Felicia Kornbluh is associate professor of history and gender, sexuality and women’s studies at the University of Vermont and president of the faculty union, United Academics. She’s author of "The Battle for Welfare Rights" and, with Gwendolyn Mink, of the forthcoming "Ensuring Poverty: The History and Politics of Welfare Reform".
April McCray thought she had finally caught a break in late 2005. That’s when the state of Louisiana granted cash assistance to the single mother through the Temporary Assistance of Needy Families (TANF) program. It was her first experience with America's welfare program. McCray, who had been in and out of work, struggled to make ends meet. This, she hoped, would at least help soften the
burden. But a month later, the state stripped her of the benefits without a clear explanation, she said. Since then, she says Louisiana, which controls state and federally allocated TANF dollars, has denied her requests for assistance several times. "It gets depressing," said McCray, who in 2016, is still struggling. With three kids and rarely more than a part-time job, she says she needs help she can’t seem to get from a welfare system that was overhauled 20 years ago. “As far as whether people are better off, I do think they are, in some cases, worse off.”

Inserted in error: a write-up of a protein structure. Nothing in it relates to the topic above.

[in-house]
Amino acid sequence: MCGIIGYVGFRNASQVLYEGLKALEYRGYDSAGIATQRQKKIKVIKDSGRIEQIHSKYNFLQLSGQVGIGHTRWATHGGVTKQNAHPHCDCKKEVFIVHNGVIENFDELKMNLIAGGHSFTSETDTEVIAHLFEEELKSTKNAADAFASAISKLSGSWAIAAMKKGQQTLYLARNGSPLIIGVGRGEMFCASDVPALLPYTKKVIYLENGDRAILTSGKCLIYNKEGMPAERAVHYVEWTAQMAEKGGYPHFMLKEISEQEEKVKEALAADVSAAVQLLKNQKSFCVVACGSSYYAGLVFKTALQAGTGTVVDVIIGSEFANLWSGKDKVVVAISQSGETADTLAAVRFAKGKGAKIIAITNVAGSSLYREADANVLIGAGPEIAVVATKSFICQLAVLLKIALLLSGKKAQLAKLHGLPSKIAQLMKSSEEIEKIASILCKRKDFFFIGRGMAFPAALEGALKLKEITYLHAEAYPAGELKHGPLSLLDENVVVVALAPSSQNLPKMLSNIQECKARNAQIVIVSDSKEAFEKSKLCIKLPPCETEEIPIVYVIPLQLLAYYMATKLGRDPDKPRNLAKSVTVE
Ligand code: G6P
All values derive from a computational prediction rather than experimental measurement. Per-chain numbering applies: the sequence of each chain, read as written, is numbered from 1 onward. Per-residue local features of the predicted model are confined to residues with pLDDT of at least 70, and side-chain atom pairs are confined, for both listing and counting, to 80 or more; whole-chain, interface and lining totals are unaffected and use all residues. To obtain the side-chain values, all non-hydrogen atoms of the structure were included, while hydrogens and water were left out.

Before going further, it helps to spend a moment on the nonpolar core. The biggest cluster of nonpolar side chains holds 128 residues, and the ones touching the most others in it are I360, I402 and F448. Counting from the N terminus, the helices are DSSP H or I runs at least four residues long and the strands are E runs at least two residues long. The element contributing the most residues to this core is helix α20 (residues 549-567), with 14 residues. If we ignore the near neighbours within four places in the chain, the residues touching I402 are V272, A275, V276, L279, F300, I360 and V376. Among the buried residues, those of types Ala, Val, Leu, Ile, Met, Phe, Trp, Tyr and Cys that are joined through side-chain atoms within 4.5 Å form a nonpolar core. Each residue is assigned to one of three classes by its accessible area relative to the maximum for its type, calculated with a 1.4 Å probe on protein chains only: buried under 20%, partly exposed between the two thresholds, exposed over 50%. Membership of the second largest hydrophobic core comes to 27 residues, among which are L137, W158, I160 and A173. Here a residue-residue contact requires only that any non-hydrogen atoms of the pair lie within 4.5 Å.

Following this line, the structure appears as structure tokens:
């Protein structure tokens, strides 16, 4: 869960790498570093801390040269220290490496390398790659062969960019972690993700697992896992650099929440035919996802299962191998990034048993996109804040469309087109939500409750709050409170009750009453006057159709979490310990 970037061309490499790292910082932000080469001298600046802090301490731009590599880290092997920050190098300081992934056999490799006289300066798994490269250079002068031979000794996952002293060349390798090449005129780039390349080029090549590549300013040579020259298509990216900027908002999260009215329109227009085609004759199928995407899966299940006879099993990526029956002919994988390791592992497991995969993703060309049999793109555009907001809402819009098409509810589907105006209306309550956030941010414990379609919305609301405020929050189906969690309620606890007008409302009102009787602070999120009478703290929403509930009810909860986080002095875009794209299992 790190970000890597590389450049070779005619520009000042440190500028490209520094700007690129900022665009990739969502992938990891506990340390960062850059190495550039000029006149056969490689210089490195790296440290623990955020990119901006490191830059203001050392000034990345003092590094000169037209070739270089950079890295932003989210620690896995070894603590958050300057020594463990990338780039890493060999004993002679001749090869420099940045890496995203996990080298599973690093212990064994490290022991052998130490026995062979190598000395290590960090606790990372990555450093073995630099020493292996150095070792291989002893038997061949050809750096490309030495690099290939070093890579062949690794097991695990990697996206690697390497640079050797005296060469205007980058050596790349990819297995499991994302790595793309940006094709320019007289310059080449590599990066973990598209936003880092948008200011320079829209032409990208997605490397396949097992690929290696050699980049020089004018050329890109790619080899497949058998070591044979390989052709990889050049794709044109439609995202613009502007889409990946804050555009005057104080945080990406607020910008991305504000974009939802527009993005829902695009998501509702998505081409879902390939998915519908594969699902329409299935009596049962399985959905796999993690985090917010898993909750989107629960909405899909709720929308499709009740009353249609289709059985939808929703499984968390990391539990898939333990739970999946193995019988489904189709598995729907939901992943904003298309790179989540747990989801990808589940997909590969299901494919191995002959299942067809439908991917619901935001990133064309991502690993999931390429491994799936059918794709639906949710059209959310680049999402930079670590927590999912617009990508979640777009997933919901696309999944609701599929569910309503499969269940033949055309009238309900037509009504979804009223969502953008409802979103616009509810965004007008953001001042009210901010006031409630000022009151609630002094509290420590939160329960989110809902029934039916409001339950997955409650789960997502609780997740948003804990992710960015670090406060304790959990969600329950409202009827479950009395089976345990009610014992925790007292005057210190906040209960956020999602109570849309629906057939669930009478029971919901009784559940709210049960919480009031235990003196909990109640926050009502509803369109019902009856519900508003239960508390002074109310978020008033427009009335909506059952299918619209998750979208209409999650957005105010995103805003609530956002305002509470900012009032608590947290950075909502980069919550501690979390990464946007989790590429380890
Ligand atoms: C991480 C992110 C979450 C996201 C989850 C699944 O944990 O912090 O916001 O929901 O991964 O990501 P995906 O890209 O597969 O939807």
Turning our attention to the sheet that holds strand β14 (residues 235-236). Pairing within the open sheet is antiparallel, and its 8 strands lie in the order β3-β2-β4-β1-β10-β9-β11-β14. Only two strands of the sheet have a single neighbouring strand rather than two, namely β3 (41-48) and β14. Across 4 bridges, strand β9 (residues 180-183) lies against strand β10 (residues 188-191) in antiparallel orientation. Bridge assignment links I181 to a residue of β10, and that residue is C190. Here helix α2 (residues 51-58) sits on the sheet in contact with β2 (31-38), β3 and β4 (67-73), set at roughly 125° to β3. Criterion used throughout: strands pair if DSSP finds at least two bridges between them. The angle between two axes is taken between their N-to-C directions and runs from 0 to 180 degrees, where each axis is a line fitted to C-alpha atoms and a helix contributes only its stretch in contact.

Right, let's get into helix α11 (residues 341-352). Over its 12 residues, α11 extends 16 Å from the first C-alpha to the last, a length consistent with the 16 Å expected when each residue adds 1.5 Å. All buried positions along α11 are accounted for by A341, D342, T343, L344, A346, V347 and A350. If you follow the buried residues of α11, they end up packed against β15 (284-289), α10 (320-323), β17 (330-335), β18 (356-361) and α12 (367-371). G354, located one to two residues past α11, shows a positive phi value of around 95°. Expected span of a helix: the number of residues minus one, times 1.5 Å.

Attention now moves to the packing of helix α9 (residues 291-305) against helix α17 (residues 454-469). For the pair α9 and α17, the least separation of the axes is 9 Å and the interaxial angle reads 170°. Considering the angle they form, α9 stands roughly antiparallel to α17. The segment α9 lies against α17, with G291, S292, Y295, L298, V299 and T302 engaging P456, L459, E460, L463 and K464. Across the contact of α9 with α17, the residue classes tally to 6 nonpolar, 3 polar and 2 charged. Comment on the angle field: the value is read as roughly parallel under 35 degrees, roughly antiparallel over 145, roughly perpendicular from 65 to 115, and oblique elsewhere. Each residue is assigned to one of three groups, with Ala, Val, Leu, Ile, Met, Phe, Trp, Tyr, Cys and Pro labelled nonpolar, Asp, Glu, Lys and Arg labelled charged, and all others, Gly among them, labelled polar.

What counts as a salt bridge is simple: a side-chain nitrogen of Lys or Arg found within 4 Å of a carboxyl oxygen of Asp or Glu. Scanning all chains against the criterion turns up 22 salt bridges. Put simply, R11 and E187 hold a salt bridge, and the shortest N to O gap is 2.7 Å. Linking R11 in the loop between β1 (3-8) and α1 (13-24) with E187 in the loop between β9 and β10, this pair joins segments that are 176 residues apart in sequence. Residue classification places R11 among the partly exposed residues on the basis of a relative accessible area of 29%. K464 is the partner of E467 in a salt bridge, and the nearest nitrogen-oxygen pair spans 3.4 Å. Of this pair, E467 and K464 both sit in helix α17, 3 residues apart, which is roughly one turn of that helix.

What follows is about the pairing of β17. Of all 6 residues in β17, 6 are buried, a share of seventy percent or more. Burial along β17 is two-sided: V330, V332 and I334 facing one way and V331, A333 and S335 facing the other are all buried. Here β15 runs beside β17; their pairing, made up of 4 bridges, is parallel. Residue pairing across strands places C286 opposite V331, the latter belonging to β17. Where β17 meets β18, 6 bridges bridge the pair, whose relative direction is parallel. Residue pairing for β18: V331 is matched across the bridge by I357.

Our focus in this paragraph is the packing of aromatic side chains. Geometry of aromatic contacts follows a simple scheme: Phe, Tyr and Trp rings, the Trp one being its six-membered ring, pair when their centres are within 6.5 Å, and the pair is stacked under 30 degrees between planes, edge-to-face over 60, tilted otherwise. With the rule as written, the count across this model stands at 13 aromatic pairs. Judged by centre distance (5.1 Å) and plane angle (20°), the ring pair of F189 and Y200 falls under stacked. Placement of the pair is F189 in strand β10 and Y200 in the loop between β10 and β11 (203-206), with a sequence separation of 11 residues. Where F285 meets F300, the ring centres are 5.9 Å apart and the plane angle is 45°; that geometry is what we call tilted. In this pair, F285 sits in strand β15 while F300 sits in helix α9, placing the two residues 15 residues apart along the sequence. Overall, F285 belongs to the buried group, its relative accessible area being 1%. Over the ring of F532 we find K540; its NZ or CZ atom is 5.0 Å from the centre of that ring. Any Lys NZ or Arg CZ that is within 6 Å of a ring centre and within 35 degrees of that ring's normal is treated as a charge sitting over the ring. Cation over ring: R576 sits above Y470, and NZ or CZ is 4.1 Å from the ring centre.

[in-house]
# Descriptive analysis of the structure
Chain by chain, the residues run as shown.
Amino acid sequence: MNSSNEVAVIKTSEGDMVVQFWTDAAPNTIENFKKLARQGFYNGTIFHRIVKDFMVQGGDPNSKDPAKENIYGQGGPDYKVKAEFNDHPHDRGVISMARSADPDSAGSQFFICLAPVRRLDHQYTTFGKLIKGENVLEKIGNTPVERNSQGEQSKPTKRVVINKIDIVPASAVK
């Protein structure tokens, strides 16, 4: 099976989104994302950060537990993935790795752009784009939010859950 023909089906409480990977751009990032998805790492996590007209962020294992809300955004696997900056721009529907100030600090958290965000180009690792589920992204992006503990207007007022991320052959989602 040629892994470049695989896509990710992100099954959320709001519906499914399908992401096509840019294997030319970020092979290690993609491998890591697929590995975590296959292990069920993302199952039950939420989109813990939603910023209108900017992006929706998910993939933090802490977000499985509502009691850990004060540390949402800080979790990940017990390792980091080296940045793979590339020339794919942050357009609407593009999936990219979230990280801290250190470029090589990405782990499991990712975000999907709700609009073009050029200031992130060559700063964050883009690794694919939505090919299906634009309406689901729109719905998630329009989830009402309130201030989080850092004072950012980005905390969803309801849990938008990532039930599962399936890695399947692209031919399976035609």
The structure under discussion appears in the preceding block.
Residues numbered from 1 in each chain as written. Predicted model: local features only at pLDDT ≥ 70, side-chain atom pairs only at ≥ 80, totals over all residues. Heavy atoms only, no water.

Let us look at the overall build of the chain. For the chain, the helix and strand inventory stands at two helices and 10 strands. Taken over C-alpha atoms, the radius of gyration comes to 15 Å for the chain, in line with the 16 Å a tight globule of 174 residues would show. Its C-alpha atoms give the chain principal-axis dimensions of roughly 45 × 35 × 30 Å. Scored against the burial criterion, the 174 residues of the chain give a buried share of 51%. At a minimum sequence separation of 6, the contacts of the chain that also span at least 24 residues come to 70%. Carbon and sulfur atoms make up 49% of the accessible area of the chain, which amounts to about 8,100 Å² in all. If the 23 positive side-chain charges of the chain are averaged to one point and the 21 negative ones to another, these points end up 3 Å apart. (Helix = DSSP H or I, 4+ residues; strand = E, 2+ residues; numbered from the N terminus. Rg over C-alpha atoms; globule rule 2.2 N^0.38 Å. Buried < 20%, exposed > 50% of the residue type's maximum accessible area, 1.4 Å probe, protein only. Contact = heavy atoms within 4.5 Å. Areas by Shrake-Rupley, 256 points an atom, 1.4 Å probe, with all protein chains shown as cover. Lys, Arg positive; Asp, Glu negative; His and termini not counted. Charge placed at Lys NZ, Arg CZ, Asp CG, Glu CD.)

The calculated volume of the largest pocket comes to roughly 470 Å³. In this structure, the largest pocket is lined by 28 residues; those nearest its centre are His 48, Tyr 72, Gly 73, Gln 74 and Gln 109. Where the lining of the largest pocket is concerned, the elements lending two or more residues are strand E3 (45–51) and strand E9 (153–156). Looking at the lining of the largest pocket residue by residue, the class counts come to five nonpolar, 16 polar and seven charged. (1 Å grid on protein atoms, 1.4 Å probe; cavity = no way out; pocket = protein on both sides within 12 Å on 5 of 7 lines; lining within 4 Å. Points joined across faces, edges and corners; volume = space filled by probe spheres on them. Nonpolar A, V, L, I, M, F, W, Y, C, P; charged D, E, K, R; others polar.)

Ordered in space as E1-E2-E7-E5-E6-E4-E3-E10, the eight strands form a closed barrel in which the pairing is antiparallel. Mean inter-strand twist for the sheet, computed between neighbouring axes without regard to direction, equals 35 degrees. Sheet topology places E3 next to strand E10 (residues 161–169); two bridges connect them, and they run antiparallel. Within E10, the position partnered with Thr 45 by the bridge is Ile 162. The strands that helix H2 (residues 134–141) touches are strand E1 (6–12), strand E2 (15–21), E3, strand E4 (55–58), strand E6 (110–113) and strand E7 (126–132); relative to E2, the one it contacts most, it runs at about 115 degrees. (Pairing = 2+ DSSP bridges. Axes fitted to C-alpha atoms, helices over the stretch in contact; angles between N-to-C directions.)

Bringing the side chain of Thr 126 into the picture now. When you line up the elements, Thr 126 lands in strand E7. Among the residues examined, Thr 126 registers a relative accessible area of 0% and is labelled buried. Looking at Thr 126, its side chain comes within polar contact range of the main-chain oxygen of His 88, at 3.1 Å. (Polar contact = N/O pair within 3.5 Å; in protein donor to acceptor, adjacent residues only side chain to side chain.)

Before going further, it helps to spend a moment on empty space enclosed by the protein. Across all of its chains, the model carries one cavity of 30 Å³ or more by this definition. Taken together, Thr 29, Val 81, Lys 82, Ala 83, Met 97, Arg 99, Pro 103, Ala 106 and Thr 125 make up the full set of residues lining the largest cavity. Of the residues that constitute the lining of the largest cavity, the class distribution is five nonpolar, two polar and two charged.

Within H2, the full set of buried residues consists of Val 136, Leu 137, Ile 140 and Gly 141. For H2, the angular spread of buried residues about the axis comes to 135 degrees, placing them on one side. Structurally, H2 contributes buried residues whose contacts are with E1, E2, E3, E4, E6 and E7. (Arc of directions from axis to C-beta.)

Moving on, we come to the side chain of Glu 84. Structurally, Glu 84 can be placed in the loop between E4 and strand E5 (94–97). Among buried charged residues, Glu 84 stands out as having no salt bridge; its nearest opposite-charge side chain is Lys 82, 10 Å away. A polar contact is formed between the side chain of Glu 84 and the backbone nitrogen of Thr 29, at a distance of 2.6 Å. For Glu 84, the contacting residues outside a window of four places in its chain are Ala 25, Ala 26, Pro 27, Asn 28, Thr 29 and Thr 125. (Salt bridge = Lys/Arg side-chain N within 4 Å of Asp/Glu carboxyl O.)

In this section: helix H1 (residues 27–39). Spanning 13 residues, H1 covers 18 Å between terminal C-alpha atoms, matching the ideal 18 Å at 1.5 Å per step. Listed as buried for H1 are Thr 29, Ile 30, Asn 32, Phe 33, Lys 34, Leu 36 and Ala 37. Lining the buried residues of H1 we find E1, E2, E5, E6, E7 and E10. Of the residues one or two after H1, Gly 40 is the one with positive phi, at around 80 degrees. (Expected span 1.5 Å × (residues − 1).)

Twenty years ago on August 22, then President Bill Clinton signed the 1996 Welfare Reform Act, that imposed work requirements and term limits on public assistance into effect and people like April McCray across the country have been left destitute.
Now, while there are advocates who in the wake of the shredding of the social safety net, such as in New York are demanding an end to the Work Experience Program (WEP), increased allowances to reflect the cost of living, and more humane treatment at public assistance centers, for the millions of poor, predominantly woman and children across the nation like April McCray they’re left to wonder why across the spectrum those seeking electoral office and with a national platform have failed to meaningfully address poverty and put together a platform to reverse twenty-years of